• Holy physic: spiritual remedy - “… sudden one hath wounded me / That’s by me wounded. Both our remedies / Within thy help and holy physic lies” - Romeo, II.iii.46-48

  • Humour: mood, disposition, frame of mind, temperament (as determined by bodily fluids); the four bodily humours were part of Shakespearean cosmology, inherited from ancient Greek philosophers -”Black and portentous must his humour prove / Unless good counsel may the cause remove” - Capulet, I.i.139; “When presently through all thy veins shall run / A cold and drowsy humour, for no pulse

  • Shall keep his native progress, but surcease” - Friar Laurence, IV.i.95-97 Ill: (adv.) Badly, adversely, unfavourably - “O, in this love you love your child so ill / That you run mad seeing that she is well” - Friar Laurence, IV.v.69

  • Iron Crow: crowbar - “Get me an iron crow, and bring it straight / unto my cell” - Friar Laurence, V.ii.21

  • Jaunt: fatiguing journey - “I am aweary, give me leave awhile / Fie, how my bones ache. What a jaunt have I!” - Nurse, II.v.26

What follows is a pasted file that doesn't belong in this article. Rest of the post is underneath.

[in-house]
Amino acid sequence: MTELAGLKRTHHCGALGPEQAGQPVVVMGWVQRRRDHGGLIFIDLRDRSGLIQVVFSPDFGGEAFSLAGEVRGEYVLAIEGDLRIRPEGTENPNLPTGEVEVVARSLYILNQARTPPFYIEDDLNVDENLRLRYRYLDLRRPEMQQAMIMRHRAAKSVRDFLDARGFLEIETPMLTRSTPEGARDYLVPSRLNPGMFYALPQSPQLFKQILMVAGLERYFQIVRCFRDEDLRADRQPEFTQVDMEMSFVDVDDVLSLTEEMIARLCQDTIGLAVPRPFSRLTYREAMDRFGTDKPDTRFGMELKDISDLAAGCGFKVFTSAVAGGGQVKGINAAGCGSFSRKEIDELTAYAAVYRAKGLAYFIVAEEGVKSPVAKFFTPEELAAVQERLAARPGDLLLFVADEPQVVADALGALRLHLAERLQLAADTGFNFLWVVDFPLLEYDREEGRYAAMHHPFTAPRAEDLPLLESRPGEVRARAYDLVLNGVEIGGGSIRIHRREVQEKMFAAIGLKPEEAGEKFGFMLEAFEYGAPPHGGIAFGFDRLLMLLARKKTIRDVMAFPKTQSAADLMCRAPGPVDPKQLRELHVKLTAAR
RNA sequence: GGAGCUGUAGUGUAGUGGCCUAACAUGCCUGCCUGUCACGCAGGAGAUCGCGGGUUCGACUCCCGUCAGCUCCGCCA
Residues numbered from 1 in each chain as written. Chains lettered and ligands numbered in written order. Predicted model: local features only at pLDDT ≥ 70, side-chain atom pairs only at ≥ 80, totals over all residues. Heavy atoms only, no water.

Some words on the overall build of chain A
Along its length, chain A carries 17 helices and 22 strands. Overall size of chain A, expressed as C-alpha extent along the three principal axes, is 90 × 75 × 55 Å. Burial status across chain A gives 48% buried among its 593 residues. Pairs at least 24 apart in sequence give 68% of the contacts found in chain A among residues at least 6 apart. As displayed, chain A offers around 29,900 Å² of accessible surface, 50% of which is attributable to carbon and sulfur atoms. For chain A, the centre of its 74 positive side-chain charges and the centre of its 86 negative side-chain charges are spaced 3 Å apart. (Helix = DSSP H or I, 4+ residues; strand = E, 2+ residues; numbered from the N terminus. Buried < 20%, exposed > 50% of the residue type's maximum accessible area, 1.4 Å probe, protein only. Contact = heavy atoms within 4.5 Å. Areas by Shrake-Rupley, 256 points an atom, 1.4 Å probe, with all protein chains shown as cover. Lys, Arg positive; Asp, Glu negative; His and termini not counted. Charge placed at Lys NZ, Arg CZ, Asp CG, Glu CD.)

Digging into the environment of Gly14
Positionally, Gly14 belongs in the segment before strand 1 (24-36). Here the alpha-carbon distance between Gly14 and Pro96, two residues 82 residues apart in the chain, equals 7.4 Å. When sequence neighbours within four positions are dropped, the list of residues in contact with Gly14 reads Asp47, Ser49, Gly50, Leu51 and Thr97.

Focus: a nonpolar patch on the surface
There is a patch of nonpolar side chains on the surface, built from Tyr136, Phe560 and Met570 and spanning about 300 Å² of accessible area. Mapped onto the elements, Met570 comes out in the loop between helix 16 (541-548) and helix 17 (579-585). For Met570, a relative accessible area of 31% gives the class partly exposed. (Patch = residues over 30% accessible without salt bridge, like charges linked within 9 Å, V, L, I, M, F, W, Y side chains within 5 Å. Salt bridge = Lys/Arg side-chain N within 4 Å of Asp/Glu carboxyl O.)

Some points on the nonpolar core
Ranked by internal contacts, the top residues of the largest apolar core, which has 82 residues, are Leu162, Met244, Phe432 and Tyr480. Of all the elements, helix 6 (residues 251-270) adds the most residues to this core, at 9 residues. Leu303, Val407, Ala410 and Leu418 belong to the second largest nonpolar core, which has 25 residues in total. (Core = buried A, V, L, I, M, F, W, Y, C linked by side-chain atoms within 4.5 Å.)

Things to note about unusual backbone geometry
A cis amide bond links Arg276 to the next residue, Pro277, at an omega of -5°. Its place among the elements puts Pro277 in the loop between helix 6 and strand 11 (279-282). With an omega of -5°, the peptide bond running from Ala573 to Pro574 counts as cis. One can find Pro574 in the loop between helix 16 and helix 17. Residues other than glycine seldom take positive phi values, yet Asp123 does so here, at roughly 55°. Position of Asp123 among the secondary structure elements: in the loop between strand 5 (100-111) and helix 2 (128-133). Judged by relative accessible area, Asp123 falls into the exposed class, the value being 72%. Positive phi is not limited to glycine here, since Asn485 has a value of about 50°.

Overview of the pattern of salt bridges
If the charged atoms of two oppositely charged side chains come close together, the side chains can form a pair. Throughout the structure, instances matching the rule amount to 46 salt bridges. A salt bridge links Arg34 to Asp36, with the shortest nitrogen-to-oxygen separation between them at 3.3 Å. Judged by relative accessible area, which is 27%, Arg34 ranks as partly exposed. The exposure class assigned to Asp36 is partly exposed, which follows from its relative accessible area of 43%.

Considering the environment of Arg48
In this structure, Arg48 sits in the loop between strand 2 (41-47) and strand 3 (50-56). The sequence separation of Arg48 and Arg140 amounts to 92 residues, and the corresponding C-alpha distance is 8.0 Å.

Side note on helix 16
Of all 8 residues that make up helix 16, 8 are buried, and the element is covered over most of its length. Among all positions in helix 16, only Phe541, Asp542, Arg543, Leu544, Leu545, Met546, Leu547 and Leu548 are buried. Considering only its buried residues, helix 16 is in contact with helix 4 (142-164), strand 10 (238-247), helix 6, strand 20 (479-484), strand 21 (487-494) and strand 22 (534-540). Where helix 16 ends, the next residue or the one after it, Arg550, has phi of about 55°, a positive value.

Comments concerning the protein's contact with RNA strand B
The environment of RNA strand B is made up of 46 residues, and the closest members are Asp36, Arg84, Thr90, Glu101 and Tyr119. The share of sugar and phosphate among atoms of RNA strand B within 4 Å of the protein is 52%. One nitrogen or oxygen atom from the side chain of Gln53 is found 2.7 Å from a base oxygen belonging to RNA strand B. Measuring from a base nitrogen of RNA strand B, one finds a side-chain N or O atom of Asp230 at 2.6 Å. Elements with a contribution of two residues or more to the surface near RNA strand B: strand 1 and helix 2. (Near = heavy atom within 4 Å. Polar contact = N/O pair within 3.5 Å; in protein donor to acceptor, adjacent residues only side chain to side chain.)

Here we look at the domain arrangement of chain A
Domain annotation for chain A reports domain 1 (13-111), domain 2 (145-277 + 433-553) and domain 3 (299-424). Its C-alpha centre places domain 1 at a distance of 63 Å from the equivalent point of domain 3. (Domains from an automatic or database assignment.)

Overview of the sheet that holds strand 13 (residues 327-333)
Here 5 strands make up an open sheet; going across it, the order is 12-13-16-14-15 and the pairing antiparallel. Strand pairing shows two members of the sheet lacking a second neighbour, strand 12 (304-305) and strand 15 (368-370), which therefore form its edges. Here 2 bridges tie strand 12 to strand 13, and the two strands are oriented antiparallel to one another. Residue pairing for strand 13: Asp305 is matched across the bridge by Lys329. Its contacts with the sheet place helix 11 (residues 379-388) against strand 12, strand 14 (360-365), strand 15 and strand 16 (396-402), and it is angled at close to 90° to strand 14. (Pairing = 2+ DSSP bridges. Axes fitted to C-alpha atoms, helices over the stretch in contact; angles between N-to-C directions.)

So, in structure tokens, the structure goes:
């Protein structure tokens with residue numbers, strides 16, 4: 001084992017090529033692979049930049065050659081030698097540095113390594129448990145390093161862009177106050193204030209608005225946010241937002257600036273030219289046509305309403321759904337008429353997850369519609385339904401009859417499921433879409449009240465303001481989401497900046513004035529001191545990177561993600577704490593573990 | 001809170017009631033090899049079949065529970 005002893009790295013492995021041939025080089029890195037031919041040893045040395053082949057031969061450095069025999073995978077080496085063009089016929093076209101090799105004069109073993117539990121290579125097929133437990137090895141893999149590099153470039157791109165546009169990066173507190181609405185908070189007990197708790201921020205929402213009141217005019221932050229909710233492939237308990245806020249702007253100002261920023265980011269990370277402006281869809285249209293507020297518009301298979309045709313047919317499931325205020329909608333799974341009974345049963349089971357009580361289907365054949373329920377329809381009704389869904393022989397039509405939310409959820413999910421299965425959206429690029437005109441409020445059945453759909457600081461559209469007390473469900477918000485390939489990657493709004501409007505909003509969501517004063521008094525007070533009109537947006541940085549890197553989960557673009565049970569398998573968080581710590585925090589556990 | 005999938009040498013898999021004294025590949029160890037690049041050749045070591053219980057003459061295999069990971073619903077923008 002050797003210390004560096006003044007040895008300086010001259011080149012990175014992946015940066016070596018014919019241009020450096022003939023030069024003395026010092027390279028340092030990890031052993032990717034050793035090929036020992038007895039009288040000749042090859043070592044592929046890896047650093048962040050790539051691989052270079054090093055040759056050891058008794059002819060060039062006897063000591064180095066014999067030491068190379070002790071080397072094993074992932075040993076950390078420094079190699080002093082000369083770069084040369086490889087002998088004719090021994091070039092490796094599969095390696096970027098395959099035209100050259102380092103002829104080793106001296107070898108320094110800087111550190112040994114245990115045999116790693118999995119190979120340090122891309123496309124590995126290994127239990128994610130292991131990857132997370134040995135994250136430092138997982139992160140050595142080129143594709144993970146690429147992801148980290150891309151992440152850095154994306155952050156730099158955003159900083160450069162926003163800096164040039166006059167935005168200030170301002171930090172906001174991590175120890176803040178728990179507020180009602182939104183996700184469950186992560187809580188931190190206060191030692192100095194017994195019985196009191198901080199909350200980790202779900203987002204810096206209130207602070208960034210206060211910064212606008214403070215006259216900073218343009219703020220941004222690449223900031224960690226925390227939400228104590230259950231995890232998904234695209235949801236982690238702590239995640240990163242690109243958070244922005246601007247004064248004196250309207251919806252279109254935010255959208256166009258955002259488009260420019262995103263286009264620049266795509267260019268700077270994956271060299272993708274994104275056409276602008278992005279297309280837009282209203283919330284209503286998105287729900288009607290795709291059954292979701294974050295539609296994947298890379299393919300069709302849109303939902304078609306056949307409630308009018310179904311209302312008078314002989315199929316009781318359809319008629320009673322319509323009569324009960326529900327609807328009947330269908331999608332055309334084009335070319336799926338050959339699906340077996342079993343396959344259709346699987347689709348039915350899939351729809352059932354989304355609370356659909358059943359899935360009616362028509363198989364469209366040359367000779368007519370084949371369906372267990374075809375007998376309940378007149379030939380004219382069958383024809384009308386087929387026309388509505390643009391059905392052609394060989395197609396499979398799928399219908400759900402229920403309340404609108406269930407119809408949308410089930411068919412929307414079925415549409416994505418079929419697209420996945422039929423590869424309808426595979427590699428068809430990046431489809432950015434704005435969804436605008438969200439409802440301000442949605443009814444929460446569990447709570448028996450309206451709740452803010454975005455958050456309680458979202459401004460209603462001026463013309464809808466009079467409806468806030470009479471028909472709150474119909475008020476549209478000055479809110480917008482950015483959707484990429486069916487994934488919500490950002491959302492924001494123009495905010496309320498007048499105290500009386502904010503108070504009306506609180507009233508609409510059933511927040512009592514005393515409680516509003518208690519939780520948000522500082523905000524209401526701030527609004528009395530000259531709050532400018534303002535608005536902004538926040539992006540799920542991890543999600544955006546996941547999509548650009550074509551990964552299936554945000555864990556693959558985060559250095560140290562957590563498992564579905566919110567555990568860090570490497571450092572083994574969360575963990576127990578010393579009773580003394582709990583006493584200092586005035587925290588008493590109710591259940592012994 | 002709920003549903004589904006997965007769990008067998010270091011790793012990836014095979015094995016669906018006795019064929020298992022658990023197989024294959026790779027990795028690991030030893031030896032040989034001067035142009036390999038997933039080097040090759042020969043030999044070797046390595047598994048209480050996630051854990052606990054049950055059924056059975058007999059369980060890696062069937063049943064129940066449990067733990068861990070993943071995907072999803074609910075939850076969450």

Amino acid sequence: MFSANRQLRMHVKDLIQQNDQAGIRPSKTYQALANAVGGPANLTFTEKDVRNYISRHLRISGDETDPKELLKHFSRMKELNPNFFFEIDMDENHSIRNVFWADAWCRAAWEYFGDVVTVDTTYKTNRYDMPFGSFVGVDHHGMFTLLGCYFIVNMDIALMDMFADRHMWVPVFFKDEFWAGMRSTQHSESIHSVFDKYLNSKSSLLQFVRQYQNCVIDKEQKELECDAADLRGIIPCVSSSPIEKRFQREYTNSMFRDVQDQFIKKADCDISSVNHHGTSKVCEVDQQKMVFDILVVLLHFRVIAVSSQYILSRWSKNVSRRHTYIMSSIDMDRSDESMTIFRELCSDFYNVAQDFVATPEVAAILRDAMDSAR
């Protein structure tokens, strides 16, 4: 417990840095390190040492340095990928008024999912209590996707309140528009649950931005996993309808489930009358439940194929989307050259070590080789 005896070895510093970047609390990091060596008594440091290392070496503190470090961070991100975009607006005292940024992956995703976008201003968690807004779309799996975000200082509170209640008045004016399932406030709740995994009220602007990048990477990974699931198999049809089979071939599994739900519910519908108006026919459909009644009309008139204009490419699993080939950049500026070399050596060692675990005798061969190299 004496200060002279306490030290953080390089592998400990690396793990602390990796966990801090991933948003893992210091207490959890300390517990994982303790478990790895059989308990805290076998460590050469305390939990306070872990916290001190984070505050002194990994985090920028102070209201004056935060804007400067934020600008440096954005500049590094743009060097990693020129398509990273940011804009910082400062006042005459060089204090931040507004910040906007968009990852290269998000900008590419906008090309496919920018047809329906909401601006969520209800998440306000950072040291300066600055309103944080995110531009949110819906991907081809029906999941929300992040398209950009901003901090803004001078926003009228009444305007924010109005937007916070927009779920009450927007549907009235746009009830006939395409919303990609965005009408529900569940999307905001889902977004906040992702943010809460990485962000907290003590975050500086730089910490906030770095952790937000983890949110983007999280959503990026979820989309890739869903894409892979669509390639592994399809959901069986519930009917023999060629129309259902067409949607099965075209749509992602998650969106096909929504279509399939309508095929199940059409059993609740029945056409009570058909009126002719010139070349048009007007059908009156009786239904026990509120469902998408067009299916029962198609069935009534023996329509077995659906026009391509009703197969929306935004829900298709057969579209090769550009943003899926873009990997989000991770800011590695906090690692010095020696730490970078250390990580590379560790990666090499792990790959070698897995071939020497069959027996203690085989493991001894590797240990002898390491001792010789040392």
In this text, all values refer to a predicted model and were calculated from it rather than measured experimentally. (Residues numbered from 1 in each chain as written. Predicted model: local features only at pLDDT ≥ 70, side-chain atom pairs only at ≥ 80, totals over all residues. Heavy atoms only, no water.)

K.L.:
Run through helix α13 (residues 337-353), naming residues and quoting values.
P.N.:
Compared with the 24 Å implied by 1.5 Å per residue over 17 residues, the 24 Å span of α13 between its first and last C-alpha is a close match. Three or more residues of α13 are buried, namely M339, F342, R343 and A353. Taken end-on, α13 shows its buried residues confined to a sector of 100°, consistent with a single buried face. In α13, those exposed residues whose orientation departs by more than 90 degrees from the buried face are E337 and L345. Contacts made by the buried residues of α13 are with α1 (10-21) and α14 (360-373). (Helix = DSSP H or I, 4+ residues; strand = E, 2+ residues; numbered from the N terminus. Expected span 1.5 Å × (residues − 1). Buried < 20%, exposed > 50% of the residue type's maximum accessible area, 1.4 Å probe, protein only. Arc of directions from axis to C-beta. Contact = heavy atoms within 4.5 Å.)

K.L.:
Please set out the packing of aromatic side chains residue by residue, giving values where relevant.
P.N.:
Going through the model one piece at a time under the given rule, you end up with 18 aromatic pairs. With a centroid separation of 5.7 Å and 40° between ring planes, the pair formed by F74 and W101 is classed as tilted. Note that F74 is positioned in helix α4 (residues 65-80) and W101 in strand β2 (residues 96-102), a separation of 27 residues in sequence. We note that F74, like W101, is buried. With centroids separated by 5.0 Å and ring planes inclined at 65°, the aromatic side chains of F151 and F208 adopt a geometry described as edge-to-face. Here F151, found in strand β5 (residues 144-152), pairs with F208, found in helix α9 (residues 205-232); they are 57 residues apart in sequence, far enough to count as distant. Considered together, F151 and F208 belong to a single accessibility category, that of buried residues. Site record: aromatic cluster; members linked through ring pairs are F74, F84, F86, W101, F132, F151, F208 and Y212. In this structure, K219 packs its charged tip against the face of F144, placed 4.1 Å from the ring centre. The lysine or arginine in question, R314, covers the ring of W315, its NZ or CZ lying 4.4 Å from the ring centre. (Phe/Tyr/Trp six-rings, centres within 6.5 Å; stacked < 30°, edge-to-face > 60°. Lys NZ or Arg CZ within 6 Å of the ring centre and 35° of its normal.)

• Jealous-hood: jealous woman - “A jealous-hood!” - Capulet. IV.iv.13

  • Jocund: merry, joyful, cheerful - “Night’s candles are burnt out, and jocund day / Stands tiptoe on the misty mountain tops” - Romeo, III.v.9

  • Jove: king of the Roman gods - “At lovers’ perjuries / They say, Jove laughs” - Juliet, II.ii.92

  • List: wish, like, please – “I will frown as I pass by and let them take it as they list” Gregory, I.i.39

  • Lour: scowl or frown upon - “The heavens do lour upon you for some ill” - Friar Laurence, IV.v.94

  • Lusty: merry, cheerful, lively - “But he that hath the steerage of my course / Direct my sail! On, lusty gentlemen!” - Romeo, I.iv.112/113

  • Mammet: doll or puppet - “A whining mammet, in her fortune’s tender” - Capulet (of Juliet), III.v.185